If that sounds a lot like sales, it is. And Kremins knows how to sell.
She came to FIT in 1982 to complete a special four-year program that earned her a bachelor’s degree from SUNY Oneonta and an associate’s degree in Advertising and Communications from FIT. Growing up on Long Island, she had dreamed of working as an account executive on Madison Avenue. But a stint in the media department at Foote Cone and Belden persuaded her that the life of an ad exec wasn’t for her—and that sales might be more fun. “I always had the sales people coming in, and they seemed so happy,” she says. So she co-founded the New York sales office of Shape, selling ads for the fitness magazine out of an apartment at Madison and 31st. Four years later, she was beauty director for Elle, responsible for every piece of beauty advertising in the magazine. When Condé Nast offered her the same position at House and Garden in 1997, she didn’t hesitate. “It’s like the Ivy League of publishing,” she says of her current employer. When HG folded seven months later, Kremins landed her first management position as advertising director at Bon Appétit, a position that served as finishing school for her subsequent career in publishing. “When I got my first management gig, that was different,” she says. “You then have to learn the full trade.”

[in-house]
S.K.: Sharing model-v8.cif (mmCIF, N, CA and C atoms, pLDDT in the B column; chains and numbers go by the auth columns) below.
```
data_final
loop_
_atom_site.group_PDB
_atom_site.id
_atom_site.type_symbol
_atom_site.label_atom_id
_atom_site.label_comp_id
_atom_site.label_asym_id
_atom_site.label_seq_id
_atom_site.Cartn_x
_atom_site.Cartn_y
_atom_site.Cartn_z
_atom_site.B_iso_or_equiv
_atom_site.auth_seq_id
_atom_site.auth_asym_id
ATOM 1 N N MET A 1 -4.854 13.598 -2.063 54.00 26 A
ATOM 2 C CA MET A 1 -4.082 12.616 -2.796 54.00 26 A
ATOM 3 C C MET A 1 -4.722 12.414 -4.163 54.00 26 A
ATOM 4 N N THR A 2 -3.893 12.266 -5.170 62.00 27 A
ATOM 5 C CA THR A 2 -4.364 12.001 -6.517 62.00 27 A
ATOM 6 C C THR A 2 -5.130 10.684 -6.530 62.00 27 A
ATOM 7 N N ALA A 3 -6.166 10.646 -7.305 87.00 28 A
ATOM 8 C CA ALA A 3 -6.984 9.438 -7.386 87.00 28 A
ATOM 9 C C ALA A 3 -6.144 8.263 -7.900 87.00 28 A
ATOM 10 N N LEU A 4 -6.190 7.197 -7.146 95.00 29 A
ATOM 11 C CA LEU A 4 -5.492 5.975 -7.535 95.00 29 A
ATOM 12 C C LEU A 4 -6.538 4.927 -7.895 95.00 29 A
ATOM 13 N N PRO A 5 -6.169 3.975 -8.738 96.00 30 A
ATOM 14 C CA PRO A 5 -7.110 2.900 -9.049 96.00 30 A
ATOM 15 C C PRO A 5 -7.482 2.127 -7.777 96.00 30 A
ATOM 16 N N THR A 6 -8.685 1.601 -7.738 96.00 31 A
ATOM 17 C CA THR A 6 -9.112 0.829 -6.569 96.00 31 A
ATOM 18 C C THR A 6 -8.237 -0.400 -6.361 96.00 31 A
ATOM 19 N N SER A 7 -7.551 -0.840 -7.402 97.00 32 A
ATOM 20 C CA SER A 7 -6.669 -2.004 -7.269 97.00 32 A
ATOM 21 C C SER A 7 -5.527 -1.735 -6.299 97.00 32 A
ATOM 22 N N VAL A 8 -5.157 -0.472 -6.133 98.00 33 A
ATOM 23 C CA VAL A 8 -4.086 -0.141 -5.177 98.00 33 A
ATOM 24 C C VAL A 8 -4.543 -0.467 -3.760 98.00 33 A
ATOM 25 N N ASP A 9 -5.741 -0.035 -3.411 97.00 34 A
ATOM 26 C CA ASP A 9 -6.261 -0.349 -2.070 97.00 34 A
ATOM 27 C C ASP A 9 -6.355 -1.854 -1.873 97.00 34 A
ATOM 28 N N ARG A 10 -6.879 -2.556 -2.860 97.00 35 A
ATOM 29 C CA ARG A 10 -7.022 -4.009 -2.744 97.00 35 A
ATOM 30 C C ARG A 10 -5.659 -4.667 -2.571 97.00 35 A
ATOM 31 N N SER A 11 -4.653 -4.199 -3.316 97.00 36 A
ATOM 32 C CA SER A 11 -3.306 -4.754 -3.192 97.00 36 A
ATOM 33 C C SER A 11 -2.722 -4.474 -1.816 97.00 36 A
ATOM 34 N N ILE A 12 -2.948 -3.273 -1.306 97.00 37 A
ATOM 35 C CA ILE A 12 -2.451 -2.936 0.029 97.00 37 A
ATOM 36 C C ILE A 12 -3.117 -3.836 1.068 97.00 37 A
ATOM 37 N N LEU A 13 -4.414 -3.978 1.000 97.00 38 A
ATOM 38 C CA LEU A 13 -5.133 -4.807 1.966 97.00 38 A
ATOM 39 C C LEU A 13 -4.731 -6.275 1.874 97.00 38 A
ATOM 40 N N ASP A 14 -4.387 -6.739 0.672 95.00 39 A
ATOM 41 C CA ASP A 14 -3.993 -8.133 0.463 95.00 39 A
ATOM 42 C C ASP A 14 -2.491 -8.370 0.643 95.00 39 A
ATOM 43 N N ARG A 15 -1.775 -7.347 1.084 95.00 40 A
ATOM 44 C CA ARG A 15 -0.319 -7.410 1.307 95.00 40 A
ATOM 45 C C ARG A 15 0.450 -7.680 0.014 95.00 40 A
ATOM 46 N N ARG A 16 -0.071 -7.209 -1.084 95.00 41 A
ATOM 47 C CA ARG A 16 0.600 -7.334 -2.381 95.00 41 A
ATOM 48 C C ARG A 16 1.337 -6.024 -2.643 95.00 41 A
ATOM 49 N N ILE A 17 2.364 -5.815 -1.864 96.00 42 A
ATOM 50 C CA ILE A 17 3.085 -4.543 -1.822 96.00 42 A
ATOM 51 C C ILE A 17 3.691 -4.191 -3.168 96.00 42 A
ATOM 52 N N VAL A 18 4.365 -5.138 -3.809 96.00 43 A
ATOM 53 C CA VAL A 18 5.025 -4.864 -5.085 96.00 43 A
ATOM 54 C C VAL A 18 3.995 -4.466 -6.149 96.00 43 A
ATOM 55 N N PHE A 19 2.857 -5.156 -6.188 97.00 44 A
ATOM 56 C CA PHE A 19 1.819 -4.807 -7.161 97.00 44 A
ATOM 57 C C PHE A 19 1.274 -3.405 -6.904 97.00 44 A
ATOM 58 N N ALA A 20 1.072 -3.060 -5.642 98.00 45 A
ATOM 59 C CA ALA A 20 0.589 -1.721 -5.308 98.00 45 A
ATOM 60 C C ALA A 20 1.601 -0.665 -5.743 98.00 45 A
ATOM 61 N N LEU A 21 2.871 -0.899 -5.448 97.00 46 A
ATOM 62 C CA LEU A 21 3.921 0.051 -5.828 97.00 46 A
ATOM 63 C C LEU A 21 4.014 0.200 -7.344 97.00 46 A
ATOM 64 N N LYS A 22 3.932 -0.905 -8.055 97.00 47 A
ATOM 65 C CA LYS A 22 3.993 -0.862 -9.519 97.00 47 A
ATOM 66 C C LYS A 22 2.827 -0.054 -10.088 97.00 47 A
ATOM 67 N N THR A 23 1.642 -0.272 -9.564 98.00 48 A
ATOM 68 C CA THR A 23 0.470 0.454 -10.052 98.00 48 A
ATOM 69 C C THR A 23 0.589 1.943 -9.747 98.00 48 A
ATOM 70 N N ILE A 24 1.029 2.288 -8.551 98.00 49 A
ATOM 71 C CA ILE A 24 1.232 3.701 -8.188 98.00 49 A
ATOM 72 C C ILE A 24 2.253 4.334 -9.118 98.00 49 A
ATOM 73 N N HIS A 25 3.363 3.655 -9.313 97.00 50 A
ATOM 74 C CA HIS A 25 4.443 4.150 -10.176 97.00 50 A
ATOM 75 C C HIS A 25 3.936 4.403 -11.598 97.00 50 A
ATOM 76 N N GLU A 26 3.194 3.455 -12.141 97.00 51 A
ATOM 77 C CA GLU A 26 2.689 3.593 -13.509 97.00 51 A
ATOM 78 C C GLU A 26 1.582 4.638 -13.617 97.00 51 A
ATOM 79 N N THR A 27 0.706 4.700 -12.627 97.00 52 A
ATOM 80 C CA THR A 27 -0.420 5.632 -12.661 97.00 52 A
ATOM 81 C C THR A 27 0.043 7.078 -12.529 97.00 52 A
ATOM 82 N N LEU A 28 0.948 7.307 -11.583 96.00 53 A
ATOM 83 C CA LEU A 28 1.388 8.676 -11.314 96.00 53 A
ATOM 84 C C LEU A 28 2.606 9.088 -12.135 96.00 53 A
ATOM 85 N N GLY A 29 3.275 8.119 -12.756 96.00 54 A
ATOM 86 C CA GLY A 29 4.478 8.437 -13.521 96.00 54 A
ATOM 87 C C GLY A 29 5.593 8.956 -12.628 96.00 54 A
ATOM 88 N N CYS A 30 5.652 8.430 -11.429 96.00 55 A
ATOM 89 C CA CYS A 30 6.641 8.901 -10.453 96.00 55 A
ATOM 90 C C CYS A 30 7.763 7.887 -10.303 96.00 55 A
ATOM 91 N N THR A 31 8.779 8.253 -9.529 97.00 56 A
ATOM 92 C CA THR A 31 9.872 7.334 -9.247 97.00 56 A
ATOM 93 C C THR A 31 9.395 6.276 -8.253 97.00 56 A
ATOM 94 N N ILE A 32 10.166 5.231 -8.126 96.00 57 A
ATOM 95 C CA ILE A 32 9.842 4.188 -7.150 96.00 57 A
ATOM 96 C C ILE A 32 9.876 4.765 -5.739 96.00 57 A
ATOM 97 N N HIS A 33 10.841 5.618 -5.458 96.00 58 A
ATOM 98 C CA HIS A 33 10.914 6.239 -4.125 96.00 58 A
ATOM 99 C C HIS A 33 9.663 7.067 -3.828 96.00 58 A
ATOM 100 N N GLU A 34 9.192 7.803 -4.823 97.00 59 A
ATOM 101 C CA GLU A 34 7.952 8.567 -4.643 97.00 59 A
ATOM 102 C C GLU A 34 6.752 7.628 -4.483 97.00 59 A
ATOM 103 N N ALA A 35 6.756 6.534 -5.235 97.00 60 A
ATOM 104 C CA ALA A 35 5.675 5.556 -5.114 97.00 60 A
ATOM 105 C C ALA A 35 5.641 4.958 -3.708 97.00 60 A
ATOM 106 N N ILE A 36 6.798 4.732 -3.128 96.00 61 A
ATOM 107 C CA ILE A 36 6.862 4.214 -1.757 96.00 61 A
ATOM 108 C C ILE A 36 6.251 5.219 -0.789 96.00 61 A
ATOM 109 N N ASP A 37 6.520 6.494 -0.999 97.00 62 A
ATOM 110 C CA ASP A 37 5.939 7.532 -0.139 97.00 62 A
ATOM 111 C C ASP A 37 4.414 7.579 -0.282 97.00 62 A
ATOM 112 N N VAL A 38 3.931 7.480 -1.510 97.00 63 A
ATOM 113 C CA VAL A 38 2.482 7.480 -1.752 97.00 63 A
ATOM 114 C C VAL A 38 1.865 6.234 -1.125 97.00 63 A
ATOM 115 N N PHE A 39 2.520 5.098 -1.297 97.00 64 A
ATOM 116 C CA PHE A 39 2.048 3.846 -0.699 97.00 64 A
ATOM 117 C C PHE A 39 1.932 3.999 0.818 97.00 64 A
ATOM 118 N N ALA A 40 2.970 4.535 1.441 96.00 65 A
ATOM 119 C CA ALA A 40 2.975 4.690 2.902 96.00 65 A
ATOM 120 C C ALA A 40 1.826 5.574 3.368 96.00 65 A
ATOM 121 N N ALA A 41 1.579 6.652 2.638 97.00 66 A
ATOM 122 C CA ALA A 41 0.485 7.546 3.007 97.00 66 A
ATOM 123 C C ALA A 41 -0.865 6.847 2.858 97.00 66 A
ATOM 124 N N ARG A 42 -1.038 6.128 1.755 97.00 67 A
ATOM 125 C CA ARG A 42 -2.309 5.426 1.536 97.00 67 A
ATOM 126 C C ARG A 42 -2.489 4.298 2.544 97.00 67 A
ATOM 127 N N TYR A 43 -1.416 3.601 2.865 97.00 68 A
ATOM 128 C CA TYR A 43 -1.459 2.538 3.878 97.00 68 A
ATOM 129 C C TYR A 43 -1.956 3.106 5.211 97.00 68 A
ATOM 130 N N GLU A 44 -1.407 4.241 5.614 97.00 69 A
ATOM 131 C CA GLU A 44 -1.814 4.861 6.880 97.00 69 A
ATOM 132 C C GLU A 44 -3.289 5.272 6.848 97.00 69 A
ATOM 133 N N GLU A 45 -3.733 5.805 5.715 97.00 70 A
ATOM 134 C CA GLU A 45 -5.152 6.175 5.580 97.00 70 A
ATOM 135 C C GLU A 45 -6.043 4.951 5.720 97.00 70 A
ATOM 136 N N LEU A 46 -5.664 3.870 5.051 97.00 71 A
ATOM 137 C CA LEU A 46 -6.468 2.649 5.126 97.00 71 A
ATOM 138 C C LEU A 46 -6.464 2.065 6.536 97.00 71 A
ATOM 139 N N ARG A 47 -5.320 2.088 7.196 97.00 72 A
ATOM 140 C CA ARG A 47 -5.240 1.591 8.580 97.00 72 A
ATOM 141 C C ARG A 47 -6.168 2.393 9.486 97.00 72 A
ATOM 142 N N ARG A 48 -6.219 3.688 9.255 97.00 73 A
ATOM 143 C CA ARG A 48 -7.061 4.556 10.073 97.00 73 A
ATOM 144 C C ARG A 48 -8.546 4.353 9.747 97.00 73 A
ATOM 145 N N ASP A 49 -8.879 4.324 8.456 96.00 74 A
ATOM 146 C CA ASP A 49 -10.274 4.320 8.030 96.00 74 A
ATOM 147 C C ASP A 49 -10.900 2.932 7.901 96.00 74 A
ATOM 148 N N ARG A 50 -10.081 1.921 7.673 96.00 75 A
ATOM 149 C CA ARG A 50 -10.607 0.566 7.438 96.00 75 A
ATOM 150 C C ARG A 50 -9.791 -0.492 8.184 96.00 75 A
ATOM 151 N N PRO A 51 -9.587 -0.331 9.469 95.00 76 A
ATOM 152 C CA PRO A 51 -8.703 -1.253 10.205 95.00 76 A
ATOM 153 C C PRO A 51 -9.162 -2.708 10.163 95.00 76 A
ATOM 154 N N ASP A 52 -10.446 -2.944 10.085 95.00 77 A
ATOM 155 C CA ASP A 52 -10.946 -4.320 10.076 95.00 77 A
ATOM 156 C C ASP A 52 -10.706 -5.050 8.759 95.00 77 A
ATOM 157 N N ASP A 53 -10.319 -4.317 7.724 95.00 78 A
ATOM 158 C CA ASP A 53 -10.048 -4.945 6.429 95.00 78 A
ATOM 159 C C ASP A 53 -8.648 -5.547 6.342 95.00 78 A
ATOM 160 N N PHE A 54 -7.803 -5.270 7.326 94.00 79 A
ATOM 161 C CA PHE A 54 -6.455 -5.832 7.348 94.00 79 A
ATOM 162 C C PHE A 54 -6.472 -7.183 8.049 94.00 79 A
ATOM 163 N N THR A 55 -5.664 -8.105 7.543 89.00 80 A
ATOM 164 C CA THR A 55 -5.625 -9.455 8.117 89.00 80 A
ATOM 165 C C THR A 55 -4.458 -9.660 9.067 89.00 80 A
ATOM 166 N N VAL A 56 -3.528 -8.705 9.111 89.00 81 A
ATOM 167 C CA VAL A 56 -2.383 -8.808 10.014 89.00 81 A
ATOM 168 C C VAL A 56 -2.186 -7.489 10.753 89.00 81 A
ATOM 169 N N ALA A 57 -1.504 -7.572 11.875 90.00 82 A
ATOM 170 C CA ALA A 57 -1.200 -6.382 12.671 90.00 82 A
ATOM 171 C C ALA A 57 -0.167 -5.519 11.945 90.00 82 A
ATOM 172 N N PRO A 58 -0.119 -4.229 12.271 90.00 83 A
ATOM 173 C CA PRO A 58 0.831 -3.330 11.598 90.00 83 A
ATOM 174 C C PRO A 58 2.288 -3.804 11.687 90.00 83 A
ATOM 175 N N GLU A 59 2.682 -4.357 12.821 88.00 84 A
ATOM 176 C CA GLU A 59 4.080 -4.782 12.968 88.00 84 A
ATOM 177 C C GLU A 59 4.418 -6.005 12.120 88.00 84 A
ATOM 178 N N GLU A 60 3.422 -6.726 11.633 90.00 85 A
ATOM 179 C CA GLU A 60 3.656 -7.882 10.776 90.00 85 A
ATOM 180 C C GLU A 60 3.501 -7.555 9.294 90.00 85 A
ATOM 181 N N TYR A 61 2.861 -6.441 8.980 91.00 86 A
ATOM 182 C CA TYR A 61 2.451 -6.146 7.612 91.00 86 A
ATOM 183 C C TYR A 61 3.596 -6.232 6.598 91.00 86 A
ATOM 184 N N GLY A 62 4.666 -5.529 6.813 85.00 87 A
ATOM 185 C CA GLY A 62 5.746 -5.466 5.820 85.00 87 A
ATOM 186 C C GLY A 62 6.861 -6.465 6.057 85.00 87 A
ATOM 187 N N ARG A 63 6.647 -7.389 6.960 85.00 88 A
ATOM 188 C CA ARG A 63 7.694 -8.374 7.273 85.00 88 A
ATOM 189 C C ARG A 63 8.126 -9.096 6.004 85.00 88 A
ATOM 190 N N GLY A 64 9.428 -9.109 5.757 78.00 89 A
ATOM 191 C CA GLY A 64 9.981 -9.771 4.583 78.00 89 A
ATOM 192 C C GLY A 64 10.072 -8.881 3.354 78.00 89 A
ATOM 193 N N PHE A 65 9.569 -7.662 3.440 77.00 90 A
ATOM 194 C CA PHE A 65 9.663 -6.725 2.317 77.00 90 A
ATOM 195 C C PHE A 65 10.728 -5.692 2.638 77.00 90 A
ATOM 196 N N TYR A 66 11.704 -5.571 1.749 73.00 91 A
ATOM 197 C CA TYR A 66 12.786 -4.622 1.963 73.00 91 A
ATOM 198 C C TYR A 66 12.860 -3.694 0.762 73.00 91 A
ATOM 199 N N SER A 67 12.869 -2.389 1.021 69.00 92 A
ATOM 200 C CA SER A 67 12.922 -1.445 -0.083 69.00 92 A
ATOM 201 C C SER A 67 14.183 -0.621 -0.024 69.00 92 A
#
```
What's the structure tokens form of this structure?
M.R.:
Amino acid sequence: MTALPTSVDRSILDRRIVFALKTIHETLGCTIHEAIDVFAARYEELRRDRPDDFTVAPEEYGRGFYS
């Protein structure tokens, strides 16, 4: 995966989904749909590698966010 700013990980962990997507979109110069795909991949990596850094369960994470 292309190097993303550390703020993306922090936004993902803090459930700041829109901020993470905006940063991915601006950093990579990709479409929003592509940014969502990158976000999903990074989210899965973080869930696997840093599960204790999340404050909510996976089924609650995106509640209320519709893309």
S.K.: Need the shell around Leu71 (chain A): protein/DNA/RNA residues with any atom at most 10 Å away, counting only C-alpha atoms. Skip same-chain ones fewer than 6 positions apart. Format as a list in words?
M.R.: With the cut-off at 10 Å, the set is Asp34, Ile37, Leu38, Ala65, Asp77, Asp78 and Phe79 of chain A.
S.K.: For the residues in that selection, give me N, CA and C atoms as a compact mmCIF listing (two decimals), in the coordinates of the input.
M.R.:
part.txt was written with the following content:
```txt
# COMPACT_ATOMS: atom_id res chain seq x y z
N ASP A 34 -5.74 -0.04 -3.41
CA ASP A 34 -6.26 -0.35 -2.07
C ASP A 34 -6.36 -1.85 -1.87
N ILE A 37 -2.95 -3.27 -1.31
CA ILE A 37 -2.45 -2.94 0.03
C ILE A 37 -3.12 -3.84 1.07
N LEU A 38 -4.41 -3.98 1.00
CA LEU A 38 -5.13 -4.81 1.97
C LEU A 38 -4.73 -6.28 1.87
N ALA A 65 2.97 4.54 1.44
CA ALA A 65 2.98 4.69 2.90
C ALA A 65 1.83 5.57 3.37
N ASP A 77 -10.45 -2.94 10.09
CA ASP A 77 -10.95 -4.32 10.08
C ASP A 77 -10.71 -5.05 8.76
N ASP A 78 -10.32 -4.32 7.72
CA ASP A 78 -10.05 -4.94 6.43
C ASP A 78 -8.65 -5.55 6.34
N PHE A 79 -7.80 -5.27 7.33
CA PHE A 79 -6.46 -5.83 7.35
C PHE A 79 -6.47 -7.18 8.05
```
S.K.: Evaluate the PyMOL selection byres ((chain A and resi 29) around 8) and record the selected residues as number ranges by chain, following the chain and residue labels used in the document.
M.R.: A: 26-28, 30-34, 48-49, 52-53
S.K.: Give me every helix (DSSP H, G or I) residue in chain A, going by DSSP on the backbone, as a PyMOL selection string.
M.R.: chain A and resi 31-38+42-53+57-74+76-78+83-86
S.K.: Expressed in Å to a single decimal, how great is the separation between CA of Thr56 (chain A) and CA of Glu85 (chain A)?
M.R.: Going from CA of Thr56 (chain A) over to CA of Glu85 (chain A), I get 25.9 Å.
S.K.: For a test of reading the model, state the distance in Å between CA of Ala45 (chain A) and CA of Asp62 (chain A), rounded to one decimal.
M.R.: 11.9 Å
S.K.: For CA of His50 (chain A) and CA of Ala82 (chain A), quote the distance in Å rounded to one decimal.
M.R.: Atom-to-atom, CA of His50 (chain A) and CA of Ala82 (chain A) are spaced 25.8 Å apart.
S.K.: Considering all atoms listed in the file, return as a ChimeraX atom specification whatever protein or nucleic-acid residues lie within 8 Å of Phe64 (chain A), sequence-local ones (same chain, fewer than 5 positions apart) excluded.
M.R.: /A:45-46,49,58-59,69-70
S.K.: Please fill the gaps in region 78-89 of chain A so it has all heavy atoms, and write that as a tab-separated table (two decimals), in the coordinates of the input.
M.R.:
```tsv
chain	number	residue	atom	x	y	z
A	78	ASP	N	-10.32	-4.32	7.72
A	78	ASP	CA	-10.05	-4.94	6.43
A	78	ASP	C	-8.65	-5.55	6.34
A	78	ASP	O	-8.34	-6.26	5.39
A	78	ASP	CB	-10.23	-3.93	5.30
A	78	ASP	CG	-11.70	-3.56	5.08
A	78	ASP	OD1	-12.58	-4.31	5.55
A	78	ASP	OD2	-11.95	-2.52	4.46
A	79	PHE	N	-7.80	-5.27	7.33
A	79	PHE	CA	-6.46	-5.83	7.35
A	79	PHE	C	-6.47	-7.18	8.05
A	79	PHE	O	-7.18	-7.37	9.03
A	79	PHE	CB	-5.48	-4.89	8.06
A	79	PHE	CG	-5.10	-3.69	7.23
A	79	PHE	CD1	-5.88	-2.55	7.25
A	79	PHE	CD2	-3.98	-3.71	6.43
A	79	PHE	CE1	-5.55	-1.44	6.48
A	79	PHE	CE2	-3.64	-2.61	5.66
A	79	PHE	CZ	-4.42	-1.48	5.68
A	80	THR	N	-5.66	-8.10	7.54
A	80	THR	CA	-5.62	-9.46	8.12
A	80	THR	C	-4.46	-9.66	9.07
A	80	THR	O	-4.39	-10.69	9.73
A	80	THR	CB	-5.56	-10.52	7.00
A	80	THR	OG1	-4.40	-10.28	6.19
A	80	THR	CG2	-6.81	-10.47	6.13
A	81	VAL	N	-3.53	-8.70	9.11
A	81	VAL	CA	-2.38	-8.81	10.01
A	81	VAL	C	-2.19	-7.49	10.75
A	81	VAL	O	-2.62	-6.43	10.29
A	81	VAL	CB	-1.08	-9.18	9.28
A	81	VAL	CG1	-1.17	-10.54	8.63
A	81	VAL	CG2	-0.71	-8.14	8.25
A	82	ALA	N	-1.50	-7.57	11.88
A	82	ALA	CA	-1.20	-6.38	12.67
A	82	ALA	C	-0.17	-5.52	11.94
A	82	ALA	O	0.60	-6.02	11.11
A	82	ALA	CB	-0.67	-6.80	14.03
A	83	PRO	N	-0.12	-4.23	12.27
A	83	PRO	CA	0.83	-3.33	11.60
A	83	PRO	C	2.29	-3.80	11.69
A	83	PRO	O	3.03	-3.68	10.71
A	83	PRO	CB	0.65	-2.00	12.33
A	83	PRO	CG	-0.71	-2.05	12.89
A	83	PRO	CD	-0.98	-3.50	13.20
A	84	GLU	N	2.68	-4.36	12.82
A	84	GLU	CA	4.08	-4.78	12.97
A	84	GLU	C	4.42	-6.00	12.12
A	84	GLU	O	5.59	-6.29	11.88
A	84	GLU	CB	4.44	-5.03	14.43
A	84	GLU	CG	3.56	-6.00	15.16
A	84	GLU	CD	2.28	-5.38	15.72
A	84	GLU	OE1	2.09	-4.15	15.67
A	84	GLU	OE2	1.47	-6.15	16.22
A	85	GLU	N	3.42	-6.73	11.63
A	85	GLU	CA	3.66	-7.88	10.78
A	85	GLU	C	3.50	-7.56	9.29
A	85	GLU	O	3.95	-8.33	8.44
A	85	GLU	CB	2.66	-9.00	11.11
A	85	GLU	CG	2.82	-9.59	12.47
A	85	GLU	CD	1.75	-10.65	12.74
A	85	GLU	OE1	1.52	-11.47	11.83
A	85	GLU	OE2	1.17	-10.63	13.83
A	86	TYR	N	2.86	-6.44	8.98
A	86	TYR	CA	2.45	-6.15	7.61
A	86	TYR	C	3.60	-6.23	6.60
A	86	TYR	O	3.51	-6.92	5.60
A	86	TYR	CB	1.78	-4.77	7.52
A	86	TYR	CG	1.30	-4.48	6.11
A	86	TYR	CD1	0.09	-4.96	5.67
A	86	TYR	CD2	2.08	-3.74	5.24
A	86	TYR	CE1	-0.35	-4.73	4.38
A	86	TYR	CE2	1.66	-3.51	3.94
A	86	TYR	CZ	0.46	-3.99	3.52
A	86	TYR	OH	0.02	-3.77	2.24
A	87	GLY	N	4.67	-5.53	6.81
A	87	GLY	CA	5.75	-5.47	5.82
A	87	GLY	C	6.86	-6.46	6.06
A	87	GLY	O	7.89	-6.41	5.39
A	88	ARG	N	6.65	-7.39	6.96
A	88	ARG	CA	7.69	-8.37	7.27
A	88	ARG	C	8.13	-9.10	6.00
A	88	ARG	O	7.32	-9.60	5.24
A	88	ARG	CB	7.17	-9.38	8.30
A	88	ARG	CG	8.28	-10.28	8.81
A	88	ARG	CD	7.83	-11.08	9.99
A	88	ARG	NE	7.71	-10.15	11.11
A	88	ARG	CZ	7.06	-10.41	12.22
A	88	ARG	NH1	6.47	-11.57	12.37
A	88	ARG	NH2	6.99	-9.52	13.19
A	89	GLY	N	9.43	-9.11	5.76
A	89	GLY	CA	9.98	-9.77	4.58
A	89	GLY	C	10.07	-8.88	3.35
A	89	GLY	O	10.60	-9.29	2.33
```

For a publisher, the “full trade” includes the day-to-day task of overseeing ad sales around the country, along with broader issues like helping your publication find its audience.
When she joined Cookie in 2007, it was “almost a W magazine for moms,” with a “niche, Madison Avenue focus.” Kremins and editor Pilar Guzman sought to cultivate a larger audience by broadening the range of products that the magazine covered to include both budget and upscale brands—or as Kremins says, from Target to Prada. Kremins also initiated Word of Mom, a “credentialing program” that allows readers to vote online for their favorite products and services, with winners receiving a Readers’ Choice seal that marketers can include in their advertising. Readers get to feel that they are part of a community whose opinions matter, and advertisers get a powerful sales tool.